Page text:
I shared the news late last year that Hawaiian Airlines — and their new partner, Barclays — were getting ready to re-launch the Hawaiian Airlines credit card in 2014. I was thinking sometime mid-year, but one of Million Miles Secrets’ readers shared the news yesterday.
Normally I would consider this good news as Barclays had been pretty good about issuing multiple cards, but since they’ve clamped down on this, I may wish we were back in the old Bank of America days when you could apply for two at once and have no trouble getting approved. They do have both consumer and business cards available, which will let some people double their rewards. In any case, I do need some Hawaiian Miles soon, so this couldn’t come at a better time.
I’ll discuss the benefits of the new consumer card first and then get to the business card.
Hawaiian Airlines World Elite MasterCard Bonus Offers
Application Link — 35,000 miles after spending $1,000 in 3 months
Update: Link is dead. One reader suggested Hawaiian Airlines may be waiting until March 3 to offer it to the public. You can still apply for the business card (below).
You can get 35,000 bonus miles after spending $1,000 in the first three months. This is similar to past offers except there’s only one card now, not two cards issued separately by Bank of America and Bank of Hawaii. You need to pay an $89 annual fee that is not waived (again, similar to the old offer).
In the first 13 months after sign-up, there is a one-time offer of a 50% companion fare between North America and Hawaii. You pay for the cardholder’s ticket in full and get a second ticket at half price. Both tickets must be round-trip and on the same itinerary. They must also be booked in economy class. This isn’t particularly generous for most economy class fares from the West Coast, but sometimes fares are ridiculous and Hawaiian now offers service from New York.
One way to take full advantage of the companion fare is to book a ticket for yourself and a spouse and use the miles for another family member’s award ticket. Yet another idea is to use the companion fare for travel and just transfer the miles to Hilton HHonors at a 1:2 ratio (35,000 miles become 70,000 Hilton points). I do think Hawaiian has good service if you’ve never tried them before, but awards from North America to Hawaii are 20,000 miles one-way at the SuperSaver level, and you’re more likely to find them at the 30,000 Saver level. (40,000 miles one-way is the anytime price.) Note that Visa Signature and Platinum cardmembers get a discounted price on awards, discussed below.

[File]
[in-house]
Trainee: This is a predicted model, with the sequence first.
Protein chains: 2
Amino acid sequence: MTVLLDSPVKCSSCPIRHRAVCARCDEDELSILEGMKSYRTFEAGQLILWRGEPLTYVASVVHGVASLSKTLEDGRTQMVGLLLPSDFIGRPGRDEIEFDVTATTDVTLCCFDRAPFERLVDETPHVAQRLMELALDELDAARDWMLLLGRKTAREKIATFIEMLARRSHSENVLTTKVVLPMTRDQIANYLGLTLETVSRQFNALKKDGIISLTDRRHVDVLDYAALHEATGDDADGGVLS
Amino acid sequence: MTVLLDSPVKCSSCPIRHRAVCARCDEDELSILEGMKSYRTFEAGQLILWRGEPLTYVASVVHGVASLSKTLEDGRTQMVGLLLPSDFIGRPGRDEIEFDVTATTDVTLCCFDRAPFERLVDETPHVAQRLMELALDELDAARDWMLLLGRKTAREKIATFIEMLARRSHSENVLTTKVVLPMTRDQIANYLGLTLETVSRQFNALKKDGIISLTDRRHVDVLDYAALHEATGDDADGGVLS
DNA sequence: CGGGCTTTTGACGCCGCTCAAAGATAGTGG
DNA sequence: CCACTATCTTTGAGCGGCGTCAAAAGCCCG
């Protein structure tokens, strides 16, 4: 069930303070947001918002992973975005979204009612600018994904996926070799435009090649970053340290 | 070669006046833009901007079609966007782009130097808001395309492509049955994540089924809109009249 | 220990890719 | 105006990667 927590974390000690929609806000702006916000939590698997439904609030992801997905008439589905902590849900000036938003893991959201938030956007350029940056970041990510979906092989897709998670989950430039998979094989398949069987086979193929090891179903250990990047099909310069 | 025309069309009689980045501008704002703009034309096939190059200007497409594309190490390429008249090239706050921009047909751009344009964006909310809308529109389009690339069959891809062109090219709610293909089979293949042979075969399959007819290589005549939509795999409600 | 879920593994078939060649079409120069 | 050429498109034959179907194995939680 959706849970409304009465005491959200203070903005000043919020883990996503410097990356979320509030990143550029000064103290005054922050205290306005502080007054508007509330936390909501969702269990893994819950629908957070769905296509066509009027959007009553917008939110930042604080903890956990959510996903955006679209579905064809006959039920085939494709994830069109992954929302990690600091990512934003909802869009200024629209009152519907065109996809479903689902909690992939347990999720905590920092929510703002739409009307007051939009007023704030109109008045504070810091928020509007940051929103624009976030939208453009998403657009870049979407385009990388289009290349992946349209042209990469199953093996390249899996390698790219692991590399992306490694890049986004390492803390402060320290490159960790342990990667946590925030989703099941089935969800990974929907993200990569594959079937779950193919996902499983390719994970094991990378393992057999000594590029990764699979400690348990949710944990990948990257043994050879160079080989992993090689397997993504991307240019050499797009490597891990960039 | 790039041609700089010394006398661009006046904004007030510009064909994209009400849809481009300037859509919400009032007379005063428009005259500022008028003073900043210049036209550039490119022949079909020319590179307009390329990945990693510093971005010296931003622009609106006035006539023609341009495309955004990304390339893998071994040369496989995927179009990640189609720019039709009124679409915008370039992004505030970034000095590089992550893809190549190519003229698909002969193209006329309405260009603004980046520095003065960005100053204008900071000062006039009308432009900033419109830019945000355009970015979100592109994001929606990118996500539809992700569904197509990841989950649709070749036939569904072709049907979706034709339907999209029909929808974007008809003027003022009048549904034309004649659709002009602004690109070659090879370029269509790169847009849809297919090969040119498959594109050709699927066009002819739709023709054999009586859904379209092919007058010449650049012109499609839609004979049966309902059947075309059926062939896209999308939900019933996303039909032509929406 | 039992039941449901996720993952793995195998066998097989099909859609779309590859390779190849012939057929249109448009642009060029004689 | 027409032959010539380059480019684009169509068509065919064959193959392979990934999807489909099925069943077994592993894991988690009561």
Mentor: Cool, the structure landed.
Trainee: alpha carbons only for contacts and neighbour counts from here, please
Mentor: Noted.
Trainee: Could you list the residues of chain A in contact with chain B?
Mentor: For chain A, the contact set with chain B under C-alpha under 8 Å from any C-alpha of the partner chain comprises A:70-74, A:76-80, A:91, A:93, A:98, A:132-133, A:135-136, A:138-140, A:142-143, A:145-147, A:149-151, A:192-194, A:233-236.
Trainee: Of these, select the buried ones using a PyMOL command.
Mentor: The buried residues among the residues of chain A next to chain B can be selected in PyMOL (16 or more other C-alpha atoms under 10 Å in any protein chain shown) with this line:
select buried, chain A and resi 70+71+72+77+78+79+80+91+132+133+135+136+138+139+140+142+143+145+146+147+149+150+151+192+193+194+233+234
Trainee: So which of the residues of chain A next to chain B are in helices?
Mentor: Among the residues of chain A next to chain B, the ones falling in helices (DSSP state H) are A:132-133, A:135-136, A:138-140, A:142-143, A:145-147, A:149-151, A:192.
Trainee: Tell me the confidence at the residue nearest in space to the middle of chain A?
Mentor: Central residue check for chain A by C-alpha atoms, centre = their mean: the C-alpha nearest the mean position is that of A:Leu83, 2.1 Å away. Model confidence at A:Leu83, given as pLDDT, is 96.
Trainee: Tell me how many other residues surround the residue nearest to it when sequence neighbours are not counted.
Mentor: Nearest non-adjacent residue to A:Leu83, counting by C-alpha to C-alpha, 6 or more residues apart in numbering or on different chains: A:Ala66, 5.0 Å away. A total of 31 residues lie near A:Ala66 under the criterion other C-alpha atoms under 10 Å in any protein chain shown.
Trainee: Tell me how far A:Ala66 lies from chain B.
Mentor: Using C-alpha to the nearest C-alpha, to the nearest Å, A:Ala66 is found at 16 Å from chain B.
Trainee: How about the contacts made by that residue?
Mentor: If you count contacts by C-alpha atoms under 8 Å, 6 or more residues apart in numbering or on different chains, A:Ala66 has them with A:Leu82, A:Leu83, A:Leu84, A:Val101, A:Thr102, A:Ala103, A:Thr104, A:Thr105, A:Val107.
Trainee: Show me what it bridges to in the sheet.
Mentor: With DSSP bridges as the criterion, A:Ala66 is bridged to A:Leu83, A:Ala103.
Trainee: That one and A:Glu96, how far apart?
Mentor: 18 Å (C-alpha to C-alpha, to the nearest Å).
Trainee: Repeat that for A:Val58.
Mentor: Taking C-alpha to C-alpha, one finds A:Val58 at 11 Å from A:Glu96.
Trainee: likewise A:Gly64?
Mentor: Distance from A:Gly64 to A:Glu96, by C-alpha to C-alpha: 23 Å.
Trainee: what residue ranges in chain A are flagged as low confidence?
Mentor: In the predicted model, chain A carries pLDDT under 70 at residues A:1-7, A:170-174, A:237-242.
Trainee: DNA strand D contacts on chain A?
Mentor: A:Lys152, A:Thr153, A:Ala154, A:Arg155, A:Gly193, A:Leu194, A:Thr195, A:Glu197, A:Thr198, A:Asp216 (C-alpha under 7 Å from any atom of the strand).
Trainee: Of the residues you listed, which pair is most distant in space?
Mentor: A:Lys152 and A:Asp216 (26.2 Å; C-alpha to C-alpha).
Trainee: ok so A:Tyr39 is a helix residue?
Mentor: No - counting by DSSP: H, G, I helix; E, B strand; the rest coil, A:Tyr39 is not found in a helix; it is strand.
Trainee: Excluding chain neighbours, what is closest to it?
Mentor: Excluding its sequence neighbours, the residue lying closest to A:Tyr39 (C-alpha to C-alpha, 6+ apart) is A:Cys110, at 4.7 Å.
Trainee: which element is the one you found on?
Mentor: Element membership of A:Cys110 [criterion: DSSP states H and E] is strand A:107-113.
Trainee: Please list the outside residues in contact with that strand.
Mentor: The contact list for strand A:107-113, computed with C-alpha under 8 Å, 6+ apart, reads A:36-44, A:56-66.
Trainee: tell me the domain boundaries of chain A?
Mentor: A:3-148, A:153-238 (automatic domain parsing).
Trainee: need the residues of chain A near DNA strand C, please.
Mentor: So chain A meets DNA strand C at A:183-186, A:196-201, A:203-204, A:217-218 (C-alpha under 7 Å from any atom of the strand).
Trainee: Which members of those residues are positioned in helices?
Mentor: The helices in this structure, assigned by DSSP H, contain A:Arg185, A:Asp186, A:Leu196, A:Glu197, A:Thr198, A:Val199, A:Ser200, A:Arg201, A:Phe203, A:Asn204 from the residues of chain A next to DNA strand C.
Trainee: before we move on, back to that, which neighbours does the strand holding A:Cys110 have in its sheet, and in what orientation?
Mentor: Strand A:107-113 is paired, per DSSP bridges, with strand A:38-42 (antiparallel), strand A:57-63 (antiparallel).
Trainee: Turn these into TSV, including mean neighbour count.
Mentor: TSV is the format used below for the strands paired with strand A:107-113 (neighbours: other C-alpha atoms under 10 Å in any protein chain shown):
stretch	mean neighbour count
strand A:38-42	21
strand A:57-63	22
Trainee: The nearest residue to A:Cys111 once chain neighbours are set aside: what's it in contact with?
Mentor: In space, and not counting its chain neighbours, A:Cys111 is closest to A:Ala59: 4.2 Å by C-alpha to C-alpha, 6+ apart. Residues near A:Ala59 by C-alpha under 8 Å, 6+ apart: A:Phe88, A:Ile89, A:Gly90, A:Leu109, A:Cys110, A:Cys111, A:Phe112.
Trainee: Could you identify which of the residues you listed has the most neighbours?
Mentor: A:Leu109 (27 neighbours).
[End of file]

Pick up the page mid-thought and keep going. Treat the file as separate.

So it can be hard to really use all the miles if you only spend the minimum $1,000 to collect the sign-up bonus. But if you are satisfied with redeeming for a one-way award you’ll still have some miles left over. Fortunately we can do something about that.
There are a few noteworthy benefits to this card, some better than others.
You can share miles for free. Cardholders can receive up to 10 transfers a year, and though you could argue that anyone can book an award for anyone, this is a valuable way to consolidate spare miles for another award ticket or before transferring them to another program.
For example, you can transfer Hawaiian Miles to Hilton HHonors at a rate of 1:2. If you and your spouse each get a card, you’ll have a combined 72,000 miles after meeting the spend requirement. Combine them with Hawaiian Airlines first, and you can turn them into 144,000 Hilton points in one account for a more valuable award redemption.
Another example is that if you can only find more expensive award space, you might be able to each book a one-way award ticket to Hawaii and combine the remainders to book a third one-way award. I’ve also found good value redeeming points for some Maui Jim sunglasses (any pair, typically worth about $300).
You get a $100 discount on a companion fare in all future years (after the 50% companion fare the first year). This makes up for the annual fee, though it remains to be seen how valuable it is.